Let’s [Not] Go Crazy: Copyright Holders Should Pause Before Sending Takedown Notices

It is common for copyright holders to send Digital Millennium Copyright Act (“DMCA”) takedown notices to websites to remove material that they believe to be infringing. But few are aware that overly aggressive policing can expose them to liability (including attorneys’ fees). Universal Music, while attempting to protect the copyright in Prince’s Let’s Go Crazy, found this out in a recent opinion from the United States Court of Appeals for the Ninth Circuit in Lenz v. Universal Music Corp.

Stephanie Lenz, a mother of two, posted a 29-second video on YouTube that showed her two children running, dancing and yelling while Prince’s Let’s Go Crazy played in the background. During the video she asked her 13-month old son if he liked the music and he started bobbing up and down while holding a push toy.

Universal, which was responsible for enforcing Prince’s copyrights, had an assistant in its legal department monitor YouTube for infringement. He would search YouTube for Prince’s songs and then review responsive videos to see if they “embodied a Prince composition” through “significant use of …the composition, specifically if the song was recognizable, was in a significant portion of the video or was the focus of the video.” The Ninth Circuit noted that none of Universal’s guidelines specifically considered the fair use doctrine before determining that Lenz’s video should be included in a takedown notice sent to YouTube. After Lenz’s video was removed, however, she not only reinstated it through a DMCA counter-notification but also sued Universal for violation of 17 U.S.C. §512(f), which prohibits making a knowing misrepresentation in a DMCA takedown notice that material is infringing.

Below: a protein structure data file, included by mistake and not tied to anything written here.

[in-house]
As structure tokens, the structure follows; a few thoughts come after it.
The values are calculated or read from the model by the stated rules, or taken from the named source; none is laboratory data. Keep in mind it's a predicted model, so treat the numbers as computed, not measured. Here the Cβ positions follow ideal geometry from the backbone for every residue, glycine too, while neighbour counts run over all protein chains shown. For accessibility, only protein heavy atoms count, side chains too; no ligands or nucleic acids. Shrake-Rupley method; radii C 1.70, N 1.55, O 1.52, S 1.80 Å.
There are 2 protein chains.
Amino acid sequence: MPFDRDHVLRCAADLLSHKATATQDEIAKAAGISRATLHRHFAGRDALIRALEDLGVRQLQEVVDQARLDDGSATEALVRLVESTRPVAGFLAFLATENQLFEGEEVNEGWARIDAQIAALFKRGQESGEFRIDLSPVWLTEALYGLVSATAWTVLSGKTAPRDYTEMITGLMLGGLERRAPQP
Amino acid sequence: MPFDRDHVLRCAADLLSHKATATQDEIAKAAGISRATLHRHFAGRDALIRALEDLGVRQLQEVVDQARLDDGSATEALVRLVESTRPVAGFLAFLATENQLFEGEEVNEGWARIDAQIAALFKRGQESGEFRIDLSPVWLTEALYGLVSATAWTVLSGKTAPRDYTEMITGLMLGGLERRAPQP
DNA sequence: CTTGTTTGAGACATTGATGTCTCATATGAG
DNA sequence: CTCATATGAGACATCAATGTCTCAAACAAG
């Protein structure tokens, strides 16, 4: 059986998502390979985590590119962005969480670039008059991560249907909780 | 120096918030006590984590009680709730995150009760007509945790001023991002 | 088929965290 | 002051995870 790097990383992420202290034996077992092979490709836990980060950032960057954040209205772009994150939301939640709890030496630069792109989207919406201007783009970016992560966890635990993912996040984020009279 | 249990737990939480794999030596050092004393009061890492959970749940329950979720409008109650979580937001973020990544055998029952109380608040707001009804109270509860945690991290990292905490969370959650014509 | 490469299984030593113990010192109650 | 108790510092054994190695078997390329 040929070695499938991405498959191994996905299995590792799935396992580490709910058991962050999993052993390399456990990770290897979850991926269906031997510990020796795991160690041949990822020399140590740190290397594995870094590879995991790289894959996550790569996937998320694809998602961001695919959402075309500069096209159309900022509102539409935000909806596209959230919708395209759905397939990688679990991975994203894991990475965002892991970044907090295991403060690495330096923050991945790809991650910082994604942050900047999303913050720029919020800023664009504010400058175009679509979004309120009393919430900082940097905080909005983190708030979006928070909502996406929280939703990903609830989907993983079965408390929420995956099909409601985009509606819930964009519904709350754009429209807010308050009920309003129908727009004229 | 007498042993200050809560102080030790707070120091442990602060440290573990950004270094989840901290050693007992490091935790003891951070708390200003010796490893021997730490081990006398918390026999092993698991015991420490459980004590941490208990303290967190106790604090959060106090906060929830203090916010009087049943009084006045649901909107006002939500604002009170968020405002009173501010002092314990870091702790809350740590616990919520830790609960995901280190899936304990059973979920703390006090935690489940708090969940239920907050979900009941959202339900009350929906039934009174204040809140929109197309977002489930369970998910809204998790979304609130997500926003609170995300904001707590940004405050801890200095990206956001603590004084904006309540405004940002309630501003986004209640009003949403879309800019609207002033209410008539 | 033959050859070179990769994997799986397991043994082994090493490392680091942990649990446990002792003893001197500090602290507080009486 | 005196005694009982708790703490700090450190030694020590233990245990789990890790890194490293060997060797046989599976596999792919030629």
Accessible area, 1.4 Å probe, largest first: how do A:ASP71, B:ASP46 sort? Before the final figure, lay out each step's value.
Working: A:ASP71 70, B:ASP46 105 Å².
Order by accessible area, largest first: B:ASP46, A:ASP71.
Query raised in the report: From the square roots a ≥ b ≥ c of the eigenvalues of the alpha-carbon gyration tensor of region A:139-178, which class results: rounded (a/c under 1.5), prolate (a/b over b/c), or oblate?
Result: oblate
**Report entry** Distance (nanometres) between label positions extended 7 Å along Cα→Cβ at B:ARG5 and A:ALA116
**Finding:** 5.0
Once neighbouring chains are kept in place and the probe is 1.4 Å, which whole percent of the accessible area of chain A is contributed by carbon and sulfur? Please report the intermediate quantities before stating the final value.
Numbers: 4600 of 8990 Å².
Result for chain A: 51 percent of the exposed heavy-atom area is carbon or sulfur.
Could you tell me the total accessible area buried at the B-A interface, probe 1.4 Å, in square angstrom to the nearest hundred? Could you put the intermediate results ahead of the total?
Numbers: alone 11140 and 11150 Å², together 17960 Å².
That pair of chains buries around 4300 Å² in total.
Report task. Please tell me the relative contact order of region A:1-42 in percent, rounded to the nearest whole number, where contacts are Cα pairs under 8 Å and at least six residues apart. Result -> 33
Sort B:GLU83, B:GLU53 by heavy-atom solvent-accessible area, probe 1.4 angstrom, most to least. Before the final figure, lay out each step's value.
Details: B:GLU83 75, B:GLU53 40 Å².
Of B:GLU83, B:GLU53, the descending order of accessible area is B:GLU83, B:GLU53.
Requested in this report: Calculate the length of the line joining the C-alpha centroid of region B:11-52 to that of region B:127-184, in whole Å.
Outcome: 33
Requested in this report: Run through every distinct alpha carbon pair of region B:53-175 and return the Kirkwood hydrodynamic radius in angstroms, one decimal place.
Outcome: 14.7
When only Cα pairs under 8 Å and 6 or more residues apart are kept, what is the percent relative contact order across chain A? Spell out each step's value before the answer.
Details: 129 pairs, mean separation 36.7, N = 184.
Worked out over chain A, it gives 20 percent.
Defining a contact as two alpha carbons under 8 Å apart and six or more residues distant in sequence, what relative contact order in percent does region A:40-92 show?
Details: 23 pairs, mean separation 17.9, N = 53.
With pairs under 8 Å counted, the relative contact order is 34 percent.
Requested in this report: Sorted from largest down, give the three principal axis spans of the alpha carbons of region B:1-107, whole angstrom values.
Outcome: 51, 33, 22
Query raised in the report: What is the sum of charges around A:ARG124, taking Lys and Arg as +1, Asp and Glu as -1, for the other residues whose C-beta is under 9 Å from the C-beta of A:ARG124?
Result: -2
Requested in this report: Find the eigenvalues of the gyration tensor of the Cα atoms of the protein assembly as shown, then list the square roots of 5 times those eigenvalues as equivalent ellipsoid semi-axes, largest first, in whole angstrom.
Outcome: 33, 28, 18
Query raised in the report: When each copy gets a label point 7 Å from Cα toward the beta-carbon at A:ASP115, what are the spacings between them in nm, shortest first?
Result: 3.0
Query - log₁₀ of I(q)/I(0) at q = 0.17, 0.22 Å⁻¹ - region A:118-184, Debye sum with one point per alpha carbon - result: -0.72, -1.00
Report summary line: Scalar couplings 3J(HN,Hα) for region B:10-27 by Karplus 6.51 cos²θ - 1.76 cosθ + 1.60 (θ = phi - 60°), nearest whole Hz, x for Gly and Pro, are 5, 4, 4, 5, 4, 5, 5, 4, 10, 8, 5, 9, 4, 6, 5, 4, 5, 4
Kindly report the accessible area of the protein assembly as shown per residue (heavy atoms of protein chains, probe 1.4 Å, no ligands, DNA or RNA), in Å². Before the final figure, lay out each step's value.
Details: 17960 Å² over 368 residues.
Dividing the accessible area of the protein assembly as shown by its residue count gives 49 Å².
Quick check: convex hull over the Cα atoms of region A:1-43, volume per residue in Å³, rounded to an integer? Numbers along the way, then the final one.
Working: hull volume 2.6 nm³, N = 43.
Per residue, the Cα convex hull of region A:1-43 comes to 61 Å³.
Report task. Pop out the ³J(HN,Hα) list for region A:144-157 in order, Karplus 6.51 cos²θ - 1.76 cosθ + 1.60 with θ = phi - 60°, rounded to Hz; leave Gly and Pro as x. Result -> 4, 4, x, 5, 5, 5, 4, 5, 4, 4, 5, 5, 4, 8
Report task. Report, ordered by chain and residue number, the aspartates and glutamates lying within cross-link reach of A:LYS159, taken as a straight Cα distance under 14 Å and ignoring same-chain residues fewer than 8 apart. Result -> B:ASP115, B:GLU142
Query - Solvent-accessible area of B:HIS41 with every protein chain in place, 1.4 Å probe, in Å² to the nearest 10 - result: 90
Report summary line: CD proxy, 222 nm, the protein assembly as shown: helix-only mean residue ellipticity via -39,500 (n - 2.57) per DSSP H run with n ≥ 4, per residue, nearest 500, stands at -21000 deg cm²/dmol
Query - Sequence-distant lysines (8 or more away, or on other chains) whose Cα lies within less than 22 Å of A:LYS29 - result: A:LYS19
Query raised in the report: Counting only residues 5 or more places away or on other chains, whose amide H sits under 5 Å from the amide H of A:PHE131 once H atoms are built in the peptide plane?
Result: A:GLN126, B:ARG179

Although the district court denied summary judgment to both parties, it certified its ruling for appeal. Universal first claimed that fair use is merely an affirmative defense that excuses infringement so it did not misrepresent the infringing nature of Lenz’s video, regardless of whether Lenz chose to assert her defense. The Ninth Circuit disagreed and held that material protected by the fair use doctrine is “authorized by law,” and unambiguously “not infringing” under the relevant statute.

Falling back to the next ditch, Universal contended that it had not knowingly misrepresented its good faith belief that the video was infringing because its procedures were sufficient to take fair use into account. Lenz countered that Universal could not have formed such a belief because it never considered fair use. The Ninth Circuit found that this presented a jury question and delineated what the jury should consider in evaluating Universal’s conduct:

[I]f a copyright holder ignores or neglects our unequivocal holding that it must consider fair use before sending a takedown notification, it is liable for damages under §512(f). If, however, a copyright holder forms a subjective good faith belief the allegedly infringing material does not constitute fair use, we are in no position to dispute the copyright holder’s belief even if we would have reached the opposite conclusion. A copyright holder who pays lip service to the consideration of fair use by claiming it formed a good faith belief when there is evidence to the contrary is still subject to §512 liability.

The Ninth Circuit suggested that the copyright holder’s determination need not be “searching or intensive” and proposed that, given the amount of digital material available, a properly set up computer algorithm might suffice for evaluating the vast majority of content while humans could review the “minimal remaining content.”

It remains to be seen what automatic processes and human determinations will pass muster in the Ninth Circuit but, in the meantime, copyright holders should not go crazy with takedown notices.

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